UNISON Retired Members Conference – Cardiff 9/10th October 2012
The conference opened at mid-day on 9th October, and I attended a workshop on ‘The Future of the State Pension’ given by Glyn Jenkins, the National Pensions Officer.
Topics covered included :
Increase in the State Pension Age (SPA) – will be 66 by October 2020 and the Government want to bring the rise to 67 forward to April 2028. The Government is also considering basing future rises in SPA on rising life expectancy, which could see a retirement age of 70 by 2047.
UNISON joined the legal action opposing the Governments switch from RPI to CPI to re-price State and Public Sector Pensions. The action was lost on appeal, but pressure forced the Government to ask the Office of National Statistics (ONS), to consult on how to include housing costs in the CPI. UNISON responded to this consultation in August, and is awaiting a reply – the response can be viewed at http://www.unison.org.uk/acrobat/A14761.pdf
To complicate matters further the ONS has now launched another consultation on whether the RPI should be brought into line with CPI. UNISON will respond to this before the consultation ends on the last day of November. Any material downgrading of RPI percentages would have a serious detrimental impact on the final salary payments made to existing or future Severn Trent Final Salary Scheme beneficiaries.
Proposed new State Pension. The government has consulted on combining the Basic State Pension and the Second State Pension and phase out Pensions Credit. No firm date for introduction yet. Under the proposals there would be one flat rate State Pension of around £140 at current prices. However the following points need to be borne in mind :
Those already retired at the date of introduction would NOT get the higher state pension.
Members who are in a Company Pension scheme will not get it because the Second State Pension they would have got if they had not been in the company scheme would be offset against the £140 per week.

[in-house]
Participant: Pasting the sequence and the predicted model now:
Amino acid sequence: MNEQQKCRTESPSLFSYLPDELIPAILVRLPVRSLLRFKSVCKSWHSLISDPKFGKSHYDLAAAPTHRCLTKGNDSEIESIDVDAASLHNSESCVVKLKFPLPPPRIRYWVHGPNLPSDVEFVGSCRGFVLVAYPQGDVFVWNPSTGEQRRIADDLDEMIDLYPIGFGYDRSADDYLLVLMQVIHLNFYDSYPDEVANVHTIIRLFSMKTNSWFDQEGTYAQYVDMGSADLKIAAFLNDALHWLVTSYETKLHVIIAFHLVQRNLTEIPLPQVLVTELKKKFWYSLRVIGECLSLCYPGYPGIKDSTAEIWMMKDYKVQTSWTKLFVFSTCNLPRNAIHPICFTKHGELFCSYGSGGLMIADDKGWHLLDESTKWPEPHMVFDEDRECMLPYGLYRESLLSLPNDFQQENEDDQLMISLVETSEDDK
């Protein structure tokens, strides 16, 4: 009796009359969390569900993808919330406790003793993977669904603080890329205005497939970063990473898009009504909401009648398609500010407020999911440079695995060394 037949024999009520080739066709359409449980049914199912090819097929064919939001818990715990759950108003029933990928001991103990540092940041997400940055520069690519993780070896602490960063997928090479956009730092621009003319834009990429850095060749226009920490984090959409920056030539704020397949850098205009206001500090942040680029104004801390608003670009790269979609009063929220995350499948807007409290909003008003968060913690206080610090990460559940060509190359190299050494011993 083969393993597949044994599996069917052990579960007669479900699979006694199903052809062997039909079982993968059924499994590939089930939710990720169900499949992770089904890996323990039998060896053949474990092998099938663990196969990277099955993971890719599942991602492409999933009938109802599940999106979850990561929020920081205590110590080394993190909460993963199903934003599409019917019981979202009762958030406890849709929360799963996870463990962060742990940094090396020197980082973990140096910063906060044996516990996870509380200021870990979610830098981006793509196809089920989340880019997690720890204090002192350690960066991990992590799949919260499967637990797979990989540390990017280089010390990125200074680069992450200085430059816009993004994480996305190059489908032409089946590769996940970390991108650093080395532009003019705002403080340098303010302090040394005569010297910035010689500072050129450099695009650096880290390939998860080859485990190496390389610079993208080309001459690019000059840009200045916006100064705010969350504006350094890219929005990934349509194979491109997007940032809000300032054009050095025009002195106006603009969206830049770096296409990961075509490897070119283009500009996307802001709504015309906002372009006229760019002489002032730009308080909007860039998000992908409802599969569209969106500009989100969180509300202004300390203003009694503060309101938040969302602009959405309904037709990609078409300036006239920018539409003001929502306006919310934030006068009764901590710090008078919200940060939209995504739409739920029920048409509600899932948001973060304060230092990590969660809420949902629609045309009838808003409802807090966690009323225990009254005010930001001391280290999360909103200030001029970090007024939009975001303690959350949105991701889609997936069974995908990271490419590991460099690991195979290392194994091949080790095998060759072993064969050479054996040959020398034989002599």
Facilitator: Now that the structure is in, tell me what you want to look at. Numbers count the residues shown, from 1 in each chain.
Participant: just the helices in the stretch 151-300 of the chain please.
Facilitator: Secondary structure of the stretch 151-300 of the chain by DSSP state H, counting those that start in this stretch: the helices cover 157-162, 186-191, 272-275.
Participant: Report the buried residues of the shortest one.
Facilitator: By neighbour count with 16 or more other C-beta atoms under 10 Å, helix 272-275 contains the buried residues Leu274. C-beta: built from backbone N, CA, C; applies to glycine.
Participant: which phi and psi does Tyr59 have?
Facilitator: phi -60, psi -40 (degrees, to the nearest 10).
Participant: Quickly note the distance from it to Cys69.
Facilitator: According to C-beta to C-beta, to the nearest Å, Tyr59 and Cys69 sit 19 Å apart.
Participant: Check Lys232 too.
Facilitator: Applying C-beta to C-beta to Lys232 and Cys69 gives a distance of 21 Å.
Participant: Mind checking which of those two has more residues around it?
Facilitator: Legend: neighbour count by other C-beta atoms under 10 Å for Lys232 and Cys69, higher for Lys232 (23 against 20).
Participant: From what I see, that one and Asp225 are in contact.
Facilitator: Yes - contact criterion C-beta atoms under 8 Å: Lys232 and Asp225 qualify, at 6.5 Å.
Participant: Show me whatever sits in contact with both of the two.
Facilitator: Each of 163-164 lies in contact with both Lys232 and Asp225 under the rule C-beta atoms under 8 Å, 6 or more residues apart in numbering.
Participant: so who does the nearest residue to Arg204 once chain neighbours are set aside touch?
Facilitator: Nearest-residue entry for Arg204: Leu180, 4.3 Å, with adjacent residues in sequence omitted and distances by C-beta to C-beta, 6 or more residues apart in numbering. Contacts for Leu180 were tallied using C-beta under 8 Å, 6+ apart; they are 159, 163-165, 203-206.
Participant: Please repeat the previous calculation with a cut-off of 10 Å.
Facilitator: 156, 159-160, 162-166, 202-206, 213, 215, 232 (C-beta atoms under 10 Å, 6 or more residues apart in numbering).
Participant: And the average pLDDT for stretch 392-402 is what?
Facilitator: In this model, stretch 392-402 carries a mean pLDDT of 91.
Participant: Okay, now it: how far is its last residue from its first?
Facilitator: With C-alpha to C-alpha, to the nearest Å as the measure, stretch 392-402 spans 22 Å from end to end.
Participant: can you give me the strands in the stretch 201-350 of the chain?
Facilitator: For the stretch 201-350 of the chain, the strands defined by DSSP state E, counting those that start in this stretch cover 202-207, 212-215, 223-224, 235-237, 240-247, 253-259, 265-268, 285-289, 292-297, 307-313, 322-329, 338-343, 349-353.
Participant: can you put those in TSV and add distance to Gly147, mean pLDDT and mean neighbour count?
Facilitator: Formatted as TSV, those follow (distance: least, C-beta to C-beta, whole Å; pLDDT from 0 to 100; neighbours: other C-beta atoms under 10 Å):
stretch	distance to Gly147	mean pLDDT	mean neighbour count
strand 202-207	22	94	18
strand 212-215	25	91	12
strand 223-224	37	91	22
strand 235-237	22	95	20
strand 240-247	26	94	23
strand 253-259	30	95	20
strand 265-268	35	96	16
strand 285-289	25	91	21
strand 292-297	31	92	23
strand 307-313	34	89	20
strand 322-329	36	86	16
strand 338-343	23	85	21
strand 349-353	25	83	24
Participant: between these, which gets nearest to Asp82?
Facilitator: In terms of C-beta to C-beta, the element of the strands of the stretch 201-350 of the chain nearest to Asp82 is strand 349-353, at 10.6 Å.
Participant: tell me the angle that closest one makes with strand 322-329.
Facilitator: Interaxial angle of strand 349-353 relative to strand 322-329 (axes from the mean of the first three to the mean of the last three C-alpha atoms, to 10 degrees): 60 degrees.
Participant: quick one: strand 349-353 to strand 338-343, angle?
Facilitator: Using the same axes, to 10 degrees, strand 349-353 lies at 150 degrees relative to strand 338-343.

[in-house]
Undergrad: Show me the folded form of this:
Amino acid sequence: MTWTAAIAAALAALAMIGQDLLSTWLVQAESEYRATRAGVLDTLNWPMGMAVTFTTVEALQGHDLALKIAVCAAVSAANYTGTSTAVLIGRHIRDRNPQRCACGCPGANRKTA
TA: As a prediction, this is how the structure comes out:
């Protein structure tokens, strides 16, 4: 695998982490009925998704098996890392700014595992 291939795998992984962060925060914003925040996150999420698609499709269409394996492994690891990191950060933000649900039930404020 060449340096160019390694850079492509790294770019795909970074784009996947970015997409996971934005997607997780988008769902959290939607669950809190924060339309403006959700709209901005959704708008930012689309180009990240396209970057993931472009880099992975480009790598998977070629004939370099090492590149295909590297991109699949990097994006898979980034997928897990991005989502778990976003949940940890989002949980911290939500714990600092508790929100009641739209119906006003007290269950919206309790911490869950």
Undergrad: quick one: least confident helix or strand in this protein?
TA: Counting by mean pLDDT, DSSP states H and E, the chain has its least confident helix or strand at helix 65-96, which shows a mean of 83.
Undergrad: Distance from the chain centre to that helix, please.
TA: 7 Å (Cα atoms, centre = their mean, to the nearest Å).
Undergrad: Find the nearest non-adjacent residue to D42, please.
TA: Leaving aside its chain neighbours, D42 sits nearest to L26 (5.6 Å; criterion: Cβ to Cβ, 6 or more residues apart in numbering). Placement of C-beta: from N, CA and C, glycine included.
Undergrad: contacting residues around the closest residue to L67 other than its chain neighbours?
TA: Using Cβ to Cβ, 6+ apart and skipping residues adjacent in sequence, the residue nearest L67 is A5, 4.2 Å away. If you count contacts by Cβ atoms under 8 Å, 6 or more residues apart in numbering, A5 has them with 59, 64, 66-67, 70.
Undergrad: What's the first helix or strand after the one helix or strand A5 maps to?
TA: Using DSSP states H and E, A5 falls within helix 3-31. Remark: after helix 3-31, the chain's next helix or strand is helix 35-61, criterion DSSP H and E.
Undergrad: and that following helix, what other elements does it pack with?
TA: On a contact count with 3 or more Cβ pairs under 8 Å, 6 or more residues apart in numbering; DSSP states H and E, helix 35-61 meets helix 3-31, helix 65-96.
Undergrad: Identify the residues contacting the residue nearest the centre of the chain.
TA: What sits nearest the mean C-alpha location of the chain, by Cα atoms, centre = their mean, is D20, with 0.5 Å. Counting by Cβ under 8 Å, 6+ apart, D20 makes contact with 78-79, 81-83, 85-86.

However, working members would still be liable to pay around 1.4% additional NI contributions and employers would pay another 3.4% to cover the costs of the scheme, thus putting even more pressure on reasonable pension schemes to close.
Still awaiting the publication of a White paper with more specific details – supposedly this is imminent, although recent press speculation has suggested that Cameron has kicked this particular can further down the road because of the potential backlash from existing pensioners.
The Conference proper took place on 10th October, and saw the debate of some 30 motions, covering the following broad range of topics :
Condemnation of the Chancellors freeze on Age Related tax allowances, which will claw back another £2 billion from pensioners, who have already been hit by CPI re-pricing and low interest rates on savings, over the life of the current Parliament, and will also drag nearly a quarter of a million more of poorer pensioners into paying income tax.
Condemnation of the Governments “frozen pensions” policy whereby over half a million British pensioners who live abroad in certain countries only receive a pension at the rate it was in the year they left the UK.
Concern that the Current Basic State Pension and Pension Credit, as well as the proposed new flat rate pension (which will not apply to everyone), fall well below both the official poverty line figures and the Minimum Income Standard set by the Joseph Roundtree Foundation.
Condemnation of a firm Commitment from the Government to continue with universal pensioner benefits such as winter fuel allowance, free TV license for over 75’s and the concessionary bus pass scheme. The 2010 statistics show that 27,00 older people died of cold related illnesses, an increase of 2,000 on the pres year. Reductions in the Bus Services Operators grant and subsidies will pose a real threat to the routes and frequency of bus services, thereby having a severe detrimental effect on the lives of older people, particularly in rural areas.
Protection of pensioner exemption from national insurance contributions. In the 2011 Budget the Chancellor revealed plans to merge income tax and national insurance, and there is serious concern that a merged and ‘simplified’ tax system could result in an increased overall rate of tax being applied to everyone, including pensioners.
Concern over elderly abuse and the increase risk brought about by service cuts and privatisation, including the lack of security of tenure of some residents in care homes, who could therefore find themselves being evicted at short notice. In addition, the apparent inability of successive Governments to tackle the issue of funding care for the elderly. Polls indicate that 82% support the concept that everyone should pay for this care through general taxation, a policy which UNISON supports, yet there is no indication that Government will grasp this particular nettle. Delegates were also informed that evidence is emerging that with local authority budgets being cut, care providers cannot meet the level of quality expected by the public, and that a “two-tier” service may be developing that favours those who are self-funding.
This is available as a download pdf: UNISON Retired Members Conference 2012